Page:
The Australian MDA (managed discretionary account) market continues to go from strength to strength with growth of more than eight per cent from June to December 2017, according to figures from IMAP, the Institute of Managed Account Professionals.
Total funds-under-management (FUM) for Australian MDAs stood at $25.47 billion as at 31 December 2017, up from $16.72 billion a year earlier.
So what is an MDA and why are they surging in popularity among clients and planners alike?
An MDA is an investment service through which an investment manager holds a portfolio of assets on behalf of a client and makes all the buy and sell decisions to generate a return. The decisions are made by the planner according to the initial strategy agreed upon with the client.
A key distinction between MDAs and ETFs (exchange-traded funds) or managed funds is that the assets are managed on an individual basis rather than as a pool of investor assets.
MDAs have the advantage over ETFs and managed funds of providing a more tailored investment approach for clients.
MDAs can invest in a broad range of assets including shares, options, fixed income, managed funds, cash and listed property.
MDAs are also often confused with SMAs (separately managed accounts). The main difference is that SMAs offer the same portfolio of assets to all investors (although the assets are individually owned), so are considered a product, whereas MDAs provide a more bespoke strategy to meet client goals, so are categorised as a service.
There are a number of advantages to the client of maintaining legal ownership of the investments in their portfolio. Obviously, all the income and capital gains generated by the portfolio are retained. But also from a tax perspective, the client benefits from tax entitlements such as franking credits and is not affected by the unrealised gains or losses of other investors as they would be in a managed fund.
For financial planners, MDAs can greatly reduce the cost and increase the efficiency of servicing clients’ investment needs.
There are considerable efficiencies of scale available through MDAs. Consolidated reporting and bulk ordering reduces overall costs for planners. These larger margins mean cost benefits can be passed on to clients.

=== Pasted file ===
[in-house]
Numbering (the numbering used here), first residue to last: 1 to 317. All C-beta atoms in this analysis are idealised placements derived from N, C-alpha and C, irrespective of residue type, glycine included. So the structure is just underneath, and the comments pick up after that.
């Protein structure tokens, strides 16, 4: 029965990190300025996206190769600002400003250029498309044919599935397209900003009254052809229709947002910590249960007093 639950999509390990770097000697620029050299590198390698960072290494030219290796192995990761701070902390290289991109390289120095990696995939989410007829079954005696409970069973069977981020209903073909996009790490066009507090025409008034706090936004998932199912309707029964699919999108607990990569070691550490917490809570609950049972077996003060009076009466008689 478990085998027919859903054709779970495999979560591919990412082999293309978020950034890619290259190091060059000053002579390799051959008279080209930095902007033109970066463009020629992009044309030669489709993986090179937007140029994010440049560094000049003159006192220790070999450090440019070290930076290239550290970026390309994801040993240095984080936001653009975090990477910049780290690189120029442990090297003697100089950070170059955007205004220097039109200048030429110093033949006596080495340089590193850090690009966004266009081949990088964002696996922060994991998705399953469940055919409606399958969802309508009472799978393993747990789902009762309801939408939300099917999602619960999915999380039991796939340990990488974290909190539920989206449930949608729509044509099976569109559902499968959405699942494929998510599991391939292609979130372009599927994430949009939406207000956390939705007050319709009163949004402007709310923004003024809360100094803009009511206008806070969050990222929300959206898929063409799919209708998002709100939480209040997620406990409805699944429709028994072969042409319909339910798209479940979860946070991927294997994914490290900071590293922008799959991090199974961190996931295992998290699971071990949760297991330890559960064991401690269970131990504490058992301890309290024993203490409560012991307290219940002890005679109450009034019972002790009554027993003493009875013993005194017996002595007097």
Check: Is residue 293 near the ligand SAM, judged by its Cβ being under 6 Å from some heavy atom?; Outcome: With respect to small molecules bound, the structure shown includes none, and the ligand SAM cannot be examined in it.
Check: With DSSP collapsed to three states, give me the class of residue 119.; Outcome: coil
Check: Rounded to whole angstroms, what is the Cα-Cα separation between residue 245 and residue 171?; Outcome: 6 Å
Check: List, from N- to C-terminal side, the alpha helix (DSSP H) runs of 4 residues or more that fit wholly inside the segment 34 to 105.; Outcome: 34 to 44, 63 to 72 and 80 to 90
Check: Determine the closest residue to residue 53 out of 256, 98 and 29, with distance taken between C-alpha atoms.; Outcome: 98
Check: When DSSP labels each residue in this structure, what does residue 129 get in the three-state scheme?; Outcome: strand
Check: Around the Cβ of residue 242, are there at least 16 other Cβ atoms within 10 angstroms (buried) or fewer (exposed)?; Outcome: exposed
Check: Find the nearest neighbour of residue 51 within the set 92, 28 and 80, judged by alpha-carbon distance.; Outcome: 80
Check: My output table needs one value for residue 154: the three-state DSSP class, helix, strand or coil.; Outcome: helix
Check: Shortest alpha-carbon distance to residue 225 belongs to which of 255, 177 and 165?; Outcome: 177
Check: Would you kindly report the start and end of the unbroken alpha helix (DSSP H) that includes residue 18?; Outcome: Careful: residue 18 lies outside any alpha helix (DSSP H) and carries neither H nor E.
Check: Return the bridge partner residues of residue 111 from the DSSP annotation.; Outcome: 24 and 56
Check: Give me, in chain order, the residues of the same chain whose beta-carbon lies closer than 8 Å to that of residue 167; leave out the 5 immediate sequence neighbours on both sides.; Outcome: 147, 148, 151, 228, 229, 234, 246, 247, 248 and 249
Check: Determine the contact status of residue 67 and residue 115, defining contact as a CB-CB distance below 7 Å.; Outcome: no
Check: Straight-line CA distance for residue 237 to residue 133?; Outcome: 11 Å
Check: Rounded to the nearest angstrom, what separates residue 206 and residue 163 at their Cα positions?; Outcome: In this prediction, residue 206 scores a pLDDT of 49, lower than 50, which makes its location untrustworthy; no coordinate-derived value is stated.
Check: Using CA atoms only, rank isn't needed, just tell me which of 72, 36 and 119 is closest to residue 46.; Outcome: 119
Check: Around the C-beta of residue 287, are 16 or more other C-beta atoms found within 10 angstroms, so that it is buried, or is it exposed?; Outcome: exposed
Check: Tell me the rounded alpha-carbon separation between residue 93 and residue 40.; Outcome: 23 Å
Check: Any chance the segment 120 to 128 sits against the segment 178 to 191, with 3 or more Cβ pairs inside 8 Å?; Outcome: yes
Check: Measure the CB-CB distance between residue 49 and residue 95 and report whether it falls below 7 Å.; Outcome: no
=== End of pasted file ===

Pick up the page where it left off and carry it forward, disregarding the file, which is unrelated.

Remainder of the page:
With the planner having the discretion to buy and sell for clients, MDAs offer a much more efficient system than having to call the client for approval for every decision that is made. They also have the advantage for the client that the MDA manager is able to respond more quickly to market movements.
The Australian Securities and Investments Commission (ASIC) requires that the MDA contract be reviewed annually to ensure the portfolio maintains optimum suitability for the client.
Nevertheless, MDAs are relatively straightforward to administer as they don’t require a RE (responsible entity) or a PDS (product disclosure statement).
However, as the saying goes, “with great power, comes great responsibility”. MDAs will only work for you if your clients have absolute confidence in your ability, and that of your MDA provider, to make the best investment decisions on their behalf.
Remember that MDAs are not for everyone.
Planners may find that their older clients, for example, place greater value on a more personalised level of service.
More engaged clients might find that they want a higher level of control over their investment decisions than MDAs allow, although the platforms do allow clients to view their open positions at any time.
Ultimately, the MDA is only appropriate for a client if it truly serves their best interests.
Eugene Ardino is the chief executive of Lifespan Financial Planning.